Executive Function and Action

There are many aspects of executive function—from activation to focus, to effort, emotion, and memory. The final component is action, which Thomas E. Brown notes in his article “Executive Functions by Thomas Brown,” incorporates both monitoring and self-regulating. However, without knowing what a teacher expects, students will have more difficulty determining if they are on track or need to adjust their work.

Rubrics and examples of previous assignments can help students monitor and adjust their work according to the expectations of the class. After submitting assignments, teachers should give feedback to help students learn how well their work meets the standard the teacher has set. According to Bryan Goodwin and Kirsten Miller’s 2012 article in Educational Leadership, “Research Says / Good Feedback is Targeted, Specific, Timely,” this feedback should be based on set learning objectives, specific enough to help students know how they can improve, and timely enough that students have the opportunity to utilize this feedback for the next round of assignments that they do.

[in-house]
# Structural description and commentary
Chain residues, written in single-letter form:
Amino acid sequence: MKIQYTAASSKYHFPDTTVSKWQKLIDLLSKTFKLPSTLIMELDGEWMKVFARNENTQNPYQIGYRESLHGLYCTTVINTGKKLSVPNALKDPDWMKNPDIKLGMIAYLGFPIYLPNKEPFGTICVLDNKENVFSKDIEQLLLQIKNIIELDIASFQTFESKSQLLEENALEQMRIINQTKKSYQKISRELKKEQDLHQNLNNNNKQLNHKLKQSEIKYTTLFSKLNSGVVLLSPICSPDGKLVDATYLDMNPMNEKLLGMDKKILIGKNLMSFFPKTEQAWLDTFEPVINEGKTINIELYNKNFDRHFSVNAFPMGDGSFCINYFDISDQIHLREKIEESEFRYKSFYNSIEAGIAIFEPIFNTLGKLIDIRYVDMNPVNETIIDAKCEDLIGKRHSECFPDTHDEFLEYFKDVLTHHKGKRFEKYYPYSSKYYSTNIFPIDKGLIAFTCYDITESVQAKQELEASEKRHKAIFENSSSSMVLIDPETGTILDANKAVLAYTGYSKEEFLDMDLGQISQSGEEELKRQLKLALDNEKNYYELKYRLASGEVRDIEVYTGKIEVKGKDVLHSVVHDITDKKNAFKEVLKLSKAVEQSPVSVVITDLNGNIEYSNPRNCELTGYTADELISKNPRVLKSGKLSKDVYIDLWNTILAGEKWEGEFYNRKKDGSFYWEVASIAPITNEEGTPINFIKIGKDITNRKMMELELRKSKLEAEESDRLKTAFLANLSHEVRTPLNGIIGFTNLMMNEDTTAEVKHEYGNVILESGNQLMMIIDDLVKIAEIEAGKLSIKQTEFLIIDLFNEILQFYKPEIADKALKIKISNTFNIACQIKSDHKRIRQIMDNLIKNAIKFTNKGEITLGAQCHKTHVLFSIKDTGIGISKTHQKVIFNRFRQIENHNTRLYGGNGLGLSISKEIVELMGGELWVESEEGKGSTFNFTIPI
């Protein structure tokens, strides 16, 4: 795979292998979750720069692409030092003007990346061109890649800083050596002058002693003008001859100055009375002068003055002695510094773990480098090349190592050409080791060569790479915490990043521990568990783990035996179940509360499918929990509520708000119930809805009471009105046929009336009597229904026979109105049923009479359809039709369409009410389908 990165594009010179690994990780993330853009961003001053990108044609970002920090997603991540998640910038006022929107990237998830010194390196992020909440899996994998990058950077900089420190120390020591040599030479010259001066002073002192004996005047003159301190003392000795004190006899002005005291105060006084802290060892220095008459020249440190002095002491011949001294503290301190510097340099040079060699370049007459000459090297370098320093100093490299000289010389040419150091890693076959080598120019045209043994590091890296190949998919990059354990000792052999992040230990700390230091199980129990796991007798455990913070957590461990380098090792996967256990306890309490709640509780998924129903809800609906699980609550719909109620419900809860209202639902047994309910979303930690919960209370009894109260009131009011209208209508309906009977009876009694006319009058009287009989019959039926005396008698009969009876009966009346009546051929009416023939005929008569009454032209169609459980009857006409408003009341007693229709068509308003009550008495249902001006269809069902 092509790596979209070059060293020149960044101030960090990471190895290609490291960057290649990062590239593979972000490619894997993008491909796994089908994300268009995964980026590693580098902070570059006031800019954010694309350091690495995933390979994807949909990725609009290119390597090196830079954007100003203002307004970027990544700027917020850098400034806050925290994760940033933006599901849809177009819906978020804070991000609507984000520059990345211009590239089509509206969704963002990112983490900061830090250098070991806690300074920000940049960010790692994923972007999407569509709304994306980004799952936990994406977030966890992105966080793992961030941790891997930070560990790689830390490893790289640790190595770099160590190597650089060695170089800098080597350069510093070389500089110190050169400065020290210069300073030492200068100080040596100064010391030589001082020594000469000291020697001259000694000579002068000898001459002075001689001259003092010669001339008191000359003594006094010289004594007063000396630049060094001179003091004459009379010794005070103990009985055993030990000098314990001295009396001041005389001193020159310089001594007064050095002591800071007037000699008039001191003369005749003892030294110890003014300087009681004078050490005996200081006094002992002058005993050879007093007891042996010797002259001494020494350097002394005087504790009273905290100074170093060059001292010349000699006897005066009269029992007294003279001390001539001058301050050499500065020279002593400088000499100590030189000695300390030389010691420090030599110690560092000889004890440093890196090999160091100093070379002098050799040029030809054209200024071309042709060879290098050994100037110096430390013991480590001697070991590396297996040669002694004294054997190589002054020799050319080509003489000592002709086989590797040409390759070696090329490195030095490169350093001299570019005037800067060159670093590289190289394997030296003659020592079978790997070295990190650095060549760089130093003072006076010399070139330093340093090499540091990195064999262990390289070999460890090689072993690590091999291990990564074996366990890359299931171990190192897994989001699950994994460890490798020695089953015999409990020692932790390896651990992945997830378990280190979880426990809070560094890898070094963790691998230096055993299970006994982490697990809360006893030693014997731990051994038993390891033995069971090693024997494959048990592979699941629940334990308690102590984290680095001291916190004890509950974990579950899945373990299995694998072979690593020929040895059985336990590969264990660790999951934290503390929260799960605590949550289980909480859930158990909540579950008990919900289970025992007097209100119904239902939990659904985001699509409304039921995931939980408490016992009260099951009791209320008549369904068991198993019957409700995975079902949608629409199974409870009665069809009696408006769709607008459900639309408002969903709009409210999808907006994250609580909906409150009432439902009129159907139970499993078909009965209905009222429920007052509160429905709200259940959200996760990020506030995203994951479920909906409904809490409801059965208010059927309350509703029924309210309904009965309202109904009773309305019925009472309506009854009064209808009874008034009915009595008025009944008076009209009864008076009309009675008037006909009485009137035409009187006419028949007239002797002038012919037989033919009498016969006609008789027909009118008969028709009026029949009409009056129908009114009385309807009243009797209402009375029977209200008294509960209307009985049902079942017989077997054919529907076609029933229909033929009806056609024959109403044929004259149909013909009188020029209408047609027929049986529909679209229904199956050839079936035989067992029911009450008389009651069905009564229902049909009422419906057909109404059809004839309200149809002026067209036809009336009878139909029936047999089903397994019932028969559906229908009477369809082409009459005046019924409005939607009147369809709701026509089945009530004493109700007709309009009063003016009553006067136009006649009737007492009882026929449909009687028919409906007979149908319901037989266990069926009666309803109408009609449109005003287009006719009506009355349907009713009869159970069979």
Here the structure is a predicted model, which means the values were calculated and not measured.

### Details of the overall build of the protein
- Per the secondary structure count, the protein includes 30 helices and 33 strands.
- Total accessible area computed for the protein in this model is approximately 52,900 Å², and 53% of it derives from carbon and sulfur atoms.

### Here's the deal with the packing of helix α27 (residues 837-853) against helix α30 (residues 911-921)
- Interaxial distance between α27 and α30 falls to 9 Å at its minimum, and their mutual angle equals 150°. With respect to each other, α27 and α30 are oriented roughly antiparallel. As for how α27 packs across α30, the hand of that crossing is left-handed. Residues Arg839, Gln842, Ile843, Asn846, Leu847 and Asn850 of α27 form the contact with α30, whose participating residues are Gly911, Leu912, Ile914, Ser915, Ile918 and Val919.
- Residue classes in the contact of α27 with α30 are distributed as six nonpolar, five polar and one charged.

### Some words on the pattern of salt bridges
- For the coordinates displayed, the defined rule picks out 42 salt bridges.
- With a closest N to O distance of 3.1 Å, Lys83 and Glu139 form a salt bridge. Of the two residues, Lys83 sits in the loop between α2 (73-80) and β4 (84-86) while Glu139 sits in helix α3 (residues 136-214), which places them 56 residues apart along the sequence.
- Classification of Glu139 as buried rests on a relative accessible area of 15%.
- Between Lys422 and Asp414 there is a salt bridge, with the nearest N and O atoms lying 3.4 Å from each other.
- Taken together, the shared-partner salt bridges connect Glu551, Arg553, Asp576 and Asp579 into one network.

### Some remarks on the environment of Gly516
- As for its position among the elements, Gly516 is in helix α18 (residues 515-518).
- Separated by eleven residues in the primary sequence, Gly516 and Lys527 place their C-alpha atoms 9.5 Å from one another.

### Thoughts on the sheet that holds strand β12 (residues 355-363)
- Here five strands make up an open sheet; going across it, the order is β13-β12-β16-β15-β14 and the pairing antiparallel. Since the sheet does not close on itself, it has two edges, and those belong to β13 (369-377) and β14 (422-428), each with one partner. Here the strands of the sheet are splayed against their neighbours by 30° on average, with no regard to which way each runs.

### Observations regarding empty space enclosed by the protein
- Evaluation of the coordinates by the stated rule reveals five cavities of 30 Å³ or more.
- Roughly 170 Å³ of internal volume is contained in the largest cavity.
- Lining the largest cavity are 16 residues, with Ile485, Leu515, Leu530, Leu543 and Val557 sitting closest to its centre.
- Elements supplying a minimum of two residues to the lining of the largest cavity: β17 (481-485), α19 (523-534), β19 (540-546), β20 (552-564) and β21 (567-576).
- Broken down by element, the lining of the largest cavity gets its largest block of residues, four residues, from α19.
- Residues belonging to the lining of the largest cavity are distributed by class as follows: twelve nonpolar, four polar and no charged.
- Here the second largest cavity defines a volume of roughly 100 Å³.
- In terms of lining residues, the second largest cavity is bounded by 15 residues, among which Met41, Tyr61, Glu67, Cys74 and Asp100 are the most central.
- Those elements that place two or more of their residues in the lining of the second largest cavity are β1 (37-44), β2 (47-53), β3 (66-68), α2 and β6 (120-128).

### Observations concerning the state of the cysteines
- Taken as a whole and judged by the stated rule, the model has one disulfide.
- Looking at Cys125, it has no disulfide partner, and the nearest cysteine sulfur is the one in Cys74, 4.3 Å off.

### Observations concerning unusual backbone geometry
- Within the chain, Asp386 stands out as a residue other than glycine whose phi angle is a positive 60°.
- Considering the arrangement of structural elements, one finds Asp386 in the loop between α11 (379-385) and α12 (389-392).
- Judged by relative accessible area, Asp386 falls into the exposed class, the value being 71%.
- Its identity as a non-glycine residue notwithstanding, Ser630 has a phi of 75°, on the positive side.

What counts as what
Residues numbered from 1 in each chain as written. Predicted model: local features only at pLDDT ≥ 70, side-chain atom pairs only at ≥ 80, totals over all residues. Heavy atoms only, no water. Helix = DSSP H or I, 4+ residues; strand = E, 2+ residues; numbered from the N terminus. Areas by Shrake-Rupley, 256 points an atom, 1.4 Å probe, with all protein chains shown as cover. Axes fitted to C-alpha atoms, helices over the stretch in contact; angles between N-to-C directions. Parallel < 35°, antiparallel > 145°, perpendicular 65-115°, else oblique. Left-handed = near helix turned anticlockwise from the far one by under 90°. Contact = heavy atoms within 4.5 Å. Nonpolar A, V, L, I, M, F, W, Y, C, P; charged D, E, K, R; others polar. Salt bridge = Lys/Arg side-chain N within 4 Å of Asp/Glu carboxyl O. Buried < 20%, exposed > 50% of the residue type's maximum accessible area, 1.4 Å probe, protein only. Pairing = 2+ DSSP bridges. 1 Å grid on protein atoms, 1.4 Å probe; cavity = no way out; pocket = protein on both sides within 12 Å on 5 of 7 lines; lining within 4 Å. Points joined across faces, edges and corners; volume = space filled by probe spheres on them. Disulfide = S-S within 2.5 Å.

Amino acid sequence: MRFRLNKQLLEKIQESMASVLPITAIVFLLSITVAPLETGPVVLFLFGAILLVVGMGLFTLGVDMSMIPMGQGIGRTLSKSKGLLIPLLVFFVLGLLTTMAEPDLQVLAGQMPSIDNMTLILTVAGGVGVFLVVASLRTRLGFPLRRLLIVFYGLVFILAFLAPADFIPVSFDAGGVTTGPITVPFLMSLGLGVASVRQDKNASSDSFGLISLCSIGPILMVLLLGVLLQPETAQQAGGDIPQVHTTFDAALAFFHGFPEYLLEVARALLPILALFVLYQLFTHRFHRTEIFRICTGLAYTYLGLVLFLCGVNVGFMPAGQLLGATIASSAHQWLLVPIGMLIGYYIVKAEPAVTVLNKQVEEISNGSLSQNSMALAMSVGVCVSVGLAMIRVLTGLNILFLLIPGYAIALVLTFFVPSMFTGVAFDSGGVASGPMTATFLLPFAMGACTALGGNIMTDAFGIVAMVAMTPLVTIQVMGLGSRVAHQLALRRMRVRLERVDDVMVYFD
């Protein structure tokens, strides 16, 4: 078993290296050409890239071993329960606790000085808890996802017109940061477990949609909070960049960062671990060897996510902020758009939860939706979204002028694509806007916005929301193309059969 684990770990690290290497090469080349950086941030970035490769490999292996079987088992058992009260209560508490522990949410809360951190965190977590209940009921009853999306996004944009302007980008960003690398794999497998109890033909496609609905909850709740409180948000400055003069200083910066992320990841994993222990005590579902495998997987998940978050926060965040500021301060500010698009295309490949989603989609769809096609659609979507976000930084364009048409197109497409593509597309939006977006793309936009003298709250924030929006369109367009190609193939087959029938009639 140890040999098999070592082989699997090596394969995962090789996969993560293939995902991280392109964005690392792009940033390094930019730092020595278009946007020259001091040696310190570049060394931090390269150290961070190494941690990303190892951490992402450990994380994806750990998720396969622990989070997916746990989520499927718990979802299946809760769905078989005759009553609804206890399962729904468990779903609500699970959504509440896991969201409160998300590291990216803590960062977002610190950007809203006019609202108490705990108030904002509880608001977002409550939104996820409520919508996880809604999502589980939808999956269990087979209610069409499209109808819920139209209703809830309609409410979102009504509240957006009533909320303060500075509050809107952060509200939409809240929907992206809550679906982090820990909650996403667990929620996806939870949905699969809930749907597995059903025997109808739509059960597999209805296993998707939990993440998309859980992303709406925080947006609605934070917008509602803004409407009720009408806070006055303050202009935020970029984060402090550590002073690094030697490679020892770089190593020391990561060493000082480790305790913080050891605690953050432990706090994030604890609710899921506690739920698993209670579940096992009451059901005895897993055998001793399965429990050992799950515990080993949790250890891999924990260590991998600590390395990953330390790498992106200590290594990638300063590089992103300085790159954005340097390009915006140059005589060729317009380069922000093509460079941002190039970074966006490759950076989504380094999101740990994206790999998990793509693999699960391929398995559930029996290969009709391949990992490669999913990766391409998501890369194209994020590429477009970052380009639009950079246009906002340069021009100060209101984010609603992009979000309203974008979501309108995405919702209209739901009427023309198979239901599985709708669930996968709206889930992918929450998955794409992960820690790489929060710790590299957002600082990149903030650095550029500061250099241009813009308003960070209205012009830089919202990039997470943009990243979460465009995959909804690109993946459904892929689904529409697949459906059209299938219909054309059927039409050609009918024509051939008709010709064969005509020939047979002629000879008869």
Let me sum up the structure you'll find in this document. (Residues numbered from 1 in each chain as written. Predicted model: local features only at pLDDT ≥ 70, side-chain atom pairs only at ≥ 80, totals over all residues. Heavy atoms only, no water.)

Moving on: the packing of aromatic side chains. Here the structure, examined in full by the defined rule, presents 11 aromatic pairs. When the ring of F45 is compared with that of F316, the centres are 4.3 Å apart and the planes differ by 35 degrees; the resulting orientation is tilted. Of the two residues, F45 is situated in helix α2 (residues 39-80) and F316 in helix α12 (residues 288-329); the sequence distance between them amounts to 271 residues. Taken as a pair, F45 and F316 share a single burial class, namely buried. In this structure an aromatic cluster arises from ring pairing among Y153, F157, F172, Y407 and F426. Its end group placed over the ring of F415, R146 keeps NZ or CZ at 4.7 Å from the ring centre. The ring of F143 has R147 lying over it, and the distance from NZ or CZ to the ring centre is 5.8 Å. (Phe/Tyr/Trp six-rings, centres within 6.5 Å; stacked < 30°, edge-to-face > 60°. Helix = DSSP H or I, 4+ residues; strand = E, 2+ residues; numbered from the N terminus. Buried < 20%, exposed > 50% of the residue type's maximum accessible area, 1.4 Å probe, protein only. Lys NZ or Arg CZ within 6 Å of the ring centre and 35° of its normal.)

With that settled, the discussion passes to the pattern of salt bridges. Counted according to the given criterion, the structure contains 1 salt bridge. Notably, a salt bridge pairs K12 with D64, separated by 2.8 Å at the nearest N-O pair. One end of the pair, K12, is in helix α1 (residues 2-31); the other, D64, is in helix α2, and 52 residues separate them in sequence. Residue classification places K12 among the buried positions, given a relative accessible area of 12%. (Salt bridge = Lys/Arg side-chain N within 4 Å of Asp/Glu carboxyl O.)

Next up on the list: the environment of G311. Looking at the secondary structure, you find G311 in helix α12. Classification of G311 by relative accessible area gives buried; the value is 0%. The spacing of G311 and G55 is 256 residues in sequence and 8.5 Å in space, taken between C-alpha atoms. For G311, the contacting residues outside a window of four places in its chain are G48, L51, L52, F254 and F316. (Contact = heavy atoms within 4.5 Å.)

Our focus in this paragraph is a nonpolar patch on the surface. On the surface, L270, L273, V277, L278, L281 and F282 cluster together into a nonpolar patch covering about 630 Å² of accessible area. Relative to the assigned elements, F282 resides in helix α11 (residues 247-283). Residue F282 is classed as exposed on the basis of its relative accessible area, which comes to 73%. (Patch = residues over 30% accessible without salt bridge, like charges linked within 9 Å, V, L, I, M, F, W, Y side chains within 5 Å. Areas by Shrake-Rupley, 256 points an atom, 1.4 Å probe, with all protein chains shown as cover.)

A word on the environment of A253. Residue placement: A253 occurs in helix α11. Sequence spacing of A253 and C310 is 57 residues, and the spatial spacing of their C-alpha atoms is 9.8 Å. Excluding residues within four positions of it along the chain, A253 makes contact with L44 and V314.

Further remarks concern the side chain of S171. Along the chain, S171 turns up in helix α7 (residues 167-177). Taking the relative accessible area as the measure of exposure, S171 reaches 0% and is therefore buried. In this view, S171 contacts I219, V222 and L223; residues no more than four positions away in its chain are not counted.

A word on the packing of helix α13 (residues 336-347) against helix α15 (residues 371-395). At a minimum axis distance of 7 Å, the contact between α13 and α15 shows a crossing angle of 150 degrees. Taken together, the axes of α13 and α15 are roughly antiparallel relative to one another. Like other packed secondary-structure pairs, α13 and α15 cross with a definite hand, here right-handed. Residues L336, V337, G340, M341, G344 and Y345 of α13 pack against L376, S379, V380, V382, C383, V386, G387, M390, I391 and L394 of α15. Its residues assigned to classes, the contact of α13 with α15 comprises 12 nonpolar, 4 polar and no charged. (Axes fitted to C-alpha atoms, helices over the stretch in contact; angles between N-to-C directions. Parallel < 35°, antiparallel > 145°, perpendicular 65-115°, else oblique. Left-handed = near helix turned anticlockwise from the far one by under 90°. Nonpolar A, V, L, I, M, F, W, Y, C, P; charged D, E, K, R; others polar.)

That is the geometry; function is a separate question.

This resource offers guidelines for setting goals and expectations with students, and examples of giving feedback to students. Both of these address Landmark’s Teaching Principle™, “Provide Models,” by giving students specific standards and examples as a basis for their own work.

For the full text of the Landmark Teaching Principles™, including “Provide Models,” click here.

Strategies to Download

Executive Function and Action: Setting Goals with Examples

Rubrics and examples help students know what they are expected to do.


Executive Function and Action: Giving Feedback

Timely and specific feedback can help students improve for their next assignment.


Let us know what you think! Email to share your thoughts and strategies.

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